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Restorative Dental Care

Inlays & Onlays

Inlays and Onlays can be made of porcelain, gold, or composite resin. Both offer a conservative preparation that preserves as much healthy tooth as possible. They are a great choice if you have minimal to moderate tooth decay that extends into a flossing area, offering an excellent alternative to full coverage crowns.

Dental inlays and onlays are also used when old fillings need to be removed or replaced. A dental inlay is similar to a filling and fits inside the cusp tips of the tooth. A dental onlay is more extensive and extends over the cusps of the treated tooth.

Are you a candidate?

Ideal candidates typically have too much damage or decay in the tooth structure to be successfully treated using a resin filling, but have sufficient healthy tooth remaining to avoid the need for a crown. This allows the dentist to conserve more of the patient’s original tooth structure.

What are the Benefits?

Inlays and Onlays are durable. They help to strengthen teeth by up to 75 percent, unlike traditional metal fillings which can actually reduce the strength of the teeth by up to 50 percent.
Inlays and Onlays prolong tooth life and prevent the need for more dental treatment in the future.

Dental Health and Root Canals

In the past, if you had a tooth with a diseased nerve, you would probably lose that tooth. Today, with a special dental procedure called root canal treatment, your tooth can be saved. Root canals are a relatively simple procedure involving one to three office visits. Best of all, having a root canal when necessary can save your tooth and your smile!

What are the signs that a root canal is needed?

Teeth that require root canal therapy are not always painful. However, signs you may need a root canal include severe toothache, pain upon chewing or application of pressure, prolonged sensitivity or pain in response to hot and cold temperatures, a dark discoloration of the tooth, and swelling and tenderness in the nearby gums. If you experience any of these symptoms, contact your doctor.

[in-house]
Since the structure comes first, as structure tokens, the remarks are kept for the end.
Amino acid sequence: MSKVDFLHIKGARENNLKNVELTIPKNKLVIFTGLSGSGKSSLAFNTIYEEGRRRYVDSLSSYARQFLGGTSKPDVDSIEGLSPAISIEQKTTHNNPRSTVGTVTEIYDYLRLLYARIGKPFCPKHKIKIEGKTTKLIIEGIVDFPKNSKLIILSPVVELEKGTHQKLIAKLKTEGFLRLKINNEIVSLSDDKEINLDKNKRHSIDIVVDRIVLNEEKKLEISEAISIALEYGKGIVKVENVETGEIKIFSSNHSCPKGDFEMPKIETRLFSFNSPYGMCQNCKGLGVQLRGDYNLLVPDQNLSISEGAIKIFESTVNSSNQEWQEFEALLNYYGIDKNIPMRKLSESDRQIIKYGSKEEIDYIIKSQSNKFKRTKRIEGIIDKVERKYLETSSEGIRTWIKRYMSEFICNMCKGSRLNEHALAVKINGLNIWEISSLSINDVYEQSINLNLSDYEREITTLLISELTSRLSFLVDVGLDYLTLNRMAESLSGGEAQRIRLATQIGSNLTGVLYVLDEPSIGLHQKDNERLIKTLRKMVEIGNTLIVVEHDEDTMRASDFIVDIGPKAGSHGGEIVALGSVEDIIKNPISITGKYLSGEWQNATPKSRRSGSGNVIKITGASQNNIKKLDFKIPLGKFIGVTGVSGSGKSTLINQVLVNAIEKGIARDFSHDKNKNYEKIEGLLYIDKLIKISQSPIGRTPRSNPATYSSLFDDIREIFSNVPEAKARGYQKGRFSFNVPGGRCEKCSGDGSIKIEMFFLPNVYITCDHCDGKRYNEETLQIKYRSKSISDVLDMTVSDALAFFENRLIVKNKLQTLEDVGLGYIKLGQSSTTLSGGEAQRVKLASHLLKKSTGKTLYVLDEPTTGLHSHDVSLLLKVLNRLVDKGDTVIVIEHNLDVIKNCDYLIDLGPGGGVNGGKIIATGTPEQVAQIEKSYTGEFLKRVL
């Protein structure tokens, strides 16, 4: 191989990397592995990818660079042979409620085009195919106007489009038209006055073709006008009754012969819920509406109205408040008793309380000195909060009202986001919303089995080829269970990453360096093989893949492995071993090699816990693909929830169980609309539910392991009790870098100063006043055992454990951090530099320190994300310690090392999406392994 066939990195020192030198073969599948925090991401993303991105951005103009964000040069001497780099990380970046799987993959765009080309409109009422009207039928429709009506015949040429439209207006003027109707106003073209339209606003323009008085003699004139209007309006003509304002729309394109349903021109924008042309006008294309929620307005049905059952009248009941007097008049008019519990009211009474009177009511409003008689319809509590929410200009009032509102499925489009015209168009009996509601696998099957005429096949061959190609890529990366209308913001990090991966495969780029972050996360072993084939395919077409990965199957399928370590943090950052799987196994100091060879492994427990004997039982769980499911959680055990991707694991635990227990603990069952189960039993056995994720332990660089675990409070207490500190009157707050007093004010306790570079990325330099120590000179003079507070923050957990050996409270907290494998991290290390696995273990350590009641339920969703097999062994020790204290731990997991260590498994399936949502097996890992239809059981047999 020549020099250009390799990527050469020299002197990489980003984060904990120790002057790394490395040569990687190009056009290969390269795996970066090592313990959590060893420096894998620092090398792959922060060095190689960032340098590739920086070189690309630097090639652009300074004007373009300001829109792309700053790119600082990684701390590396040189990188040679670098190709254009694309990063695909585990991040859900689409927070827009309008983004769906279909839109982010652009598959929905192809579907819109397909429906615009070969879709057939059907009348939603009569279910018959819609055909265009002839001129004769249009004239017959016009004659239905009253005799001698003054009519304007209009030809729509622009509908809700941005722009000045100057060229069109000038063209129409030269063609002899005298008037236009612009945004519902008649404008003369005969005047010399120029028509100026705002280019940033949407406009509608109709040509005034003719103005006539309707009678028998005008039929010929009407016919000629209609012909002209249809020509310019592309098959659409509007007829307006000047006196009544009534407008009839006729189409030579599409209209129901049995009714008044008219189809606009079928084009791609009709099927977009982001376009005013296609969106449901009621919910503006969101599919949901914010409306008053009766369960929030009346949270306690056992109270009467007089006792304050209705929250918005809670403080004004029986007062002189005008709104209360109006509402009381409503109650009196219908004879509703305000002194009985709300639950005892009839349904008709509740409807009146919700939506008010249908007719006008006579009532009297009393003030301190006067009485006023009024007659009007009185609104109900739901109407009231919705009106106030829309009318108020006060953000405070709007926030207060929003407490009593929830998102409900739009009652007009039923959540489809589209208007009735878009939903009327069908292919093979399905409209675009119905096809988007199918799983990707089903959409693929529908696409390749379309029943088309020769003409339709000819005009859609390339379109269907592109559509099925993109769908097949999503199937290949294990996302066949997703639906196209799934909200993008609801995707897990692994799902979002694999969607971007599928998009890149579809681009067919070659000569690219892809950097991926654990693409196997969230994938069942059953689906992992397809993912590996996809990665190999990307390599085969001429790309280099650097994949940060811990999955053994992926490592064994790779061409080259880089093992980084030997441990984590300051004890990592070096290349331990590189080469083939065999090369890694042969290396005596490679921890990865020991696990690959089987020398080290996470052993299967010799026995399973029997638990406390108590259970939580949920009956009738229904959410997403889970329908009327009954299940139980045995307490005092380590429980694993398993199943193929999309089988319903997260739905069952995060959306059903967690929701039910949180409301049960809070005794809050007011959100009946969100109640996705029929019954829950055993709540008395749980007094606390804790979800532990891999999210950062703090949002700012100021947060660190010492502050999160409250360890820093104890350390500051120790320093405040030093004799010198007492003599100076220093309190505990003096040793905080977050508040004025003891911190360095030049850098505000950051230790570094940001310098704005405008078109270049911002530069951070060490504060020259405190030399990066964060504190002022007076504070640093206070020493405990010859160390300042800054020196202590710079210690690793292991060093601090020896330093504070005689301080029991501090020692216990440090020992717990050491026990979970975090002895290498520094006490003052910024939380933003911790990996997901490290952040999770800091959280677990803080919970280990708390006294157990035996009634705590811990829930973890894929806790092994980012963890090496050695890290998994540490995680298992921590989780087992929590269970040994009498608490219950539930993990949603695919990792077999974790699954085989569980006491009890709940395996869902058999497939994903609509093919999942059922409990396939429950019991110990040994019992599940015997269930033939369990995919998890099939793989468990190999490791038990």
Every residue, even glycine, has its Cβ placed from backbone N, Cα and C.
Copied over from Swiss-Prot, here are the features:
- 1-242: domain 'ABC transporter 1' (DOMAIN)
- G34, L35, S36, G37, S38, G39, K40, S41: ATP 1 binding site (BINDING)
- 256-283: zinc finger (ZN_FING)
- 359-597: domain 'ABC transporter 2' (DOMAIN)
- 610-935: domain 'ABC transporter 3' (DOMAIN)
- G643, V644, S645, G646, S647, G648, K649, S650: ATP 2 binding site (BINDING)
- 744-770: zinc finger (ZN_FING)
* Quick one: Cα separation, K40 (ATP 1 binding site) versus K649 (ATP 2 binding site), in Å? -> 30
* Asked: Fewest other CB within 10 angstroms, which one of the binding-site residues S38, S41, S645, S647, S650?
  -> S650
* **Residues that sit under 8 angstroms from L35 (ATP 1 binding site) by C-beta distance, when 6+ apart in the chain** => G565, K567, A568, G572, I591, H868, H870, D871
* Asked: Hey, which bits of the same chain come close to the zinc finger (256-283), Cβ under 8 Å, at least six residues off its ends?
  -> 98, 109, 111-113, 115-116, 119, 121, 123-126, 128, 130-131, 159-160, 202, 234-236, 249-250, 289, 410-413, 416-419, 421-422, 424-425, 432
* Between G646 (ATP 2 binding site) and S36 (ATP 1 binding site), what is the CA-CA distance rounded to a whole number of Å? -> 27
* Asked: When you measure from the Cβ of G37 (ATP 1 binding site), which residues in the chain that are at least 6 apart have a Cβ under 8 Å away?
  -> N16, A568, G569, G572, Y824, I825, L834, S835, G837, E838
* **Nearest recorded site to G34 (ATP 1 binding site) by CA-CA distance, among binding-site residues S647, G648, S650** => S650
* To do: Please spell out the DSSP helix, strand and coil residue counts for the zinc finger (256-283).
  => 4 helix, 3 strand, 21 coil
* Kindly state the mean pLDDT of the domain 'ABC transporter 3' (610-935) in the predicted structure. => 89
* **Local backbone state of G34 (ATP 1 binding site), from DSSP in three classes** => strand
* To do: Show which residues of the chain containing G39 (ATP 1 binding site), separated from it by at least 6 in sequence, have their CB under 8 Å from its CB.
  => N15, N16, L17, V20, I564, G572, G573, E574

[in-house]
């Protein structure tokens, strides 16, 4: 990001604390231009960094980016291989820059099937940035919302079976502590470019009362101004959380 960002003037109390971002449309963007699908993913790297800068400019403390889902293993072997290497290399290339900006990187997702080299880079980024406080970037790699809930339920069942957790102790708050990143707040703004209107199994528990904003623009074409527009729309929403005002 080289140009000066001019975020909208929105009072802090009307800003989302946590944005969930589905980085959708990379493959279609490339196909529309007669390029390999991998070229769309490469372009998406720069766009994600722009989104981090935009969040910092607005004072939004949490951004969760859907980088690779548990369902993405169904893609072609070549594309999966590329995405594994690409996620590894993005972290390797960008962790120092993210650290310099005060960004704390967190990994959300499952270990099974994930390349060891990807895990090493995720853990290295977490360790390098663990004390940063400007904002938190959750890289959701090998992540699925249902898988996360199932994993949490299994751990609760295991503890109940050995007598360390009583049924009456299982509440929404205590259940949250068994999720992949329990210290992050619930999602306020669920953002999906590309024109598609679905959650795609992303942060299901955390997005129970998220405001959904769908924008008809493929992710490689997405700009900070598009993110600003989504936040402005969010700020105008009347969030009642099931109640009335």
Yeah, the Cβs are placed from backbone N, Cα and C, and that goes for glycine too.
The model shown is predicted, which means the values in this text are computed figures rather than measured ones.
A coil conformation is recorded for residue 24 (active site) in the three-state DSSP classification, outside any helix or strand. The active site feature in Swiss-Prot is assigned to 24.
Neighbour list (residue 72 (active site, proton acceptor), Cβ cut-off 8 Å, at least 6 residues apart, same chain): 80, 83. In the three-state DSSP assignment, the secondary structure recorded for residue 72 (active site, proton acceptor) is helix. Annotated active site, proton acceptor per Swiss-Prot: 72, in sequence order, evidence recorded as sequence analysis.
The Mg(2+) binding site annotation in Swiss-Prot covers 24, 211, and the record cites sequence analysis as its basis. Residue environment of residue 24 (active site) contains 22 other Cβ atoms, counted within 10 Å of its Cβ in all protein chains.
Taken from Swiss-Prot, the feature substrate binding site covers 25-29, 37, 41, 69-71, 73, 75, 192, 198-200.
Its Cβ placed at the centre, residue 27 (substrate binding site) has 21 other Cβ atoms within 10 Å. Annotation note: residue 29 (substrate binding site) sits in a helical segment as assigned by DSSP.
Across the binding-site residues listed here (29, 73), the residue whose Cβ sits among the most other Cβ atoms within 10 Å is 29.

What happens during a root canal?

Root canal treatment involves one to three visits. During treatment, your general dentist or endodontist (a dentist who specializes in problems with the nerves of the teeth) removes the affected tissue. Next, the tissue will be removed and the interior of the tooth will be cleaned and sealed. Finally, the tooth is filled with a dental composite. If your tooth had extensive decay, your doctor may suggest placing a crown to strengthen and protect the tooth from breakage. As long as you continue to care for your teeth and gums with regular brushing, flossing, and checkups, your restored tooth can last a lifetime.

Dental Implants

A dental implant is actually a replacement for the root or roots of a tooth. Like tooth roots, dental implants are secured in the jawbone and are not visible once surgically placed. They are used to secure crowns (the parts of teeth seen in the mouth), bridgework or dentures by a variety of means. They are made of titanium, which is lightweight, strong and biocompatible, which means that it is not rejected by the body. Dental implants may be an option for people who have lost a tooth or teeth due to periodontal disease, an injury, or some other reason. The benefit of using implants is that they don’t rely on neighboring teeth for support and they are permanent and stable.

Are you a candidate for dental implants?

The ideal candidate for a dental implant is in good general and oral health. Adequate bone in your jaw is needed to support the implant, and the best candidates have healthy gum tissues that are free of periodontal disease.

What happens during a root canal?

First, a 3D CT scan is required to plan the implant placement and the design of the replacement teeth. This is done after the initial examination and, if needed, allows for temporary replacement teeth to be ready for you on the day of surgery.
On the day of the surgery, the implant (which looks like a screw or cylinder), is placed into your jaw. Over the next two to six months, the implant and the bone are allowed to bond together to form an anchor for your artificial tooth. During this time, a temporary tooth replacement option can be worn over the implant site.

Often, a second step of the procedure is necessary to uncover the implant and attach an extension. This temporary healing cap completes the foundation on which your new tooth will be placed. Your gums will be allowed to heal for a couple of weeks following this procedure.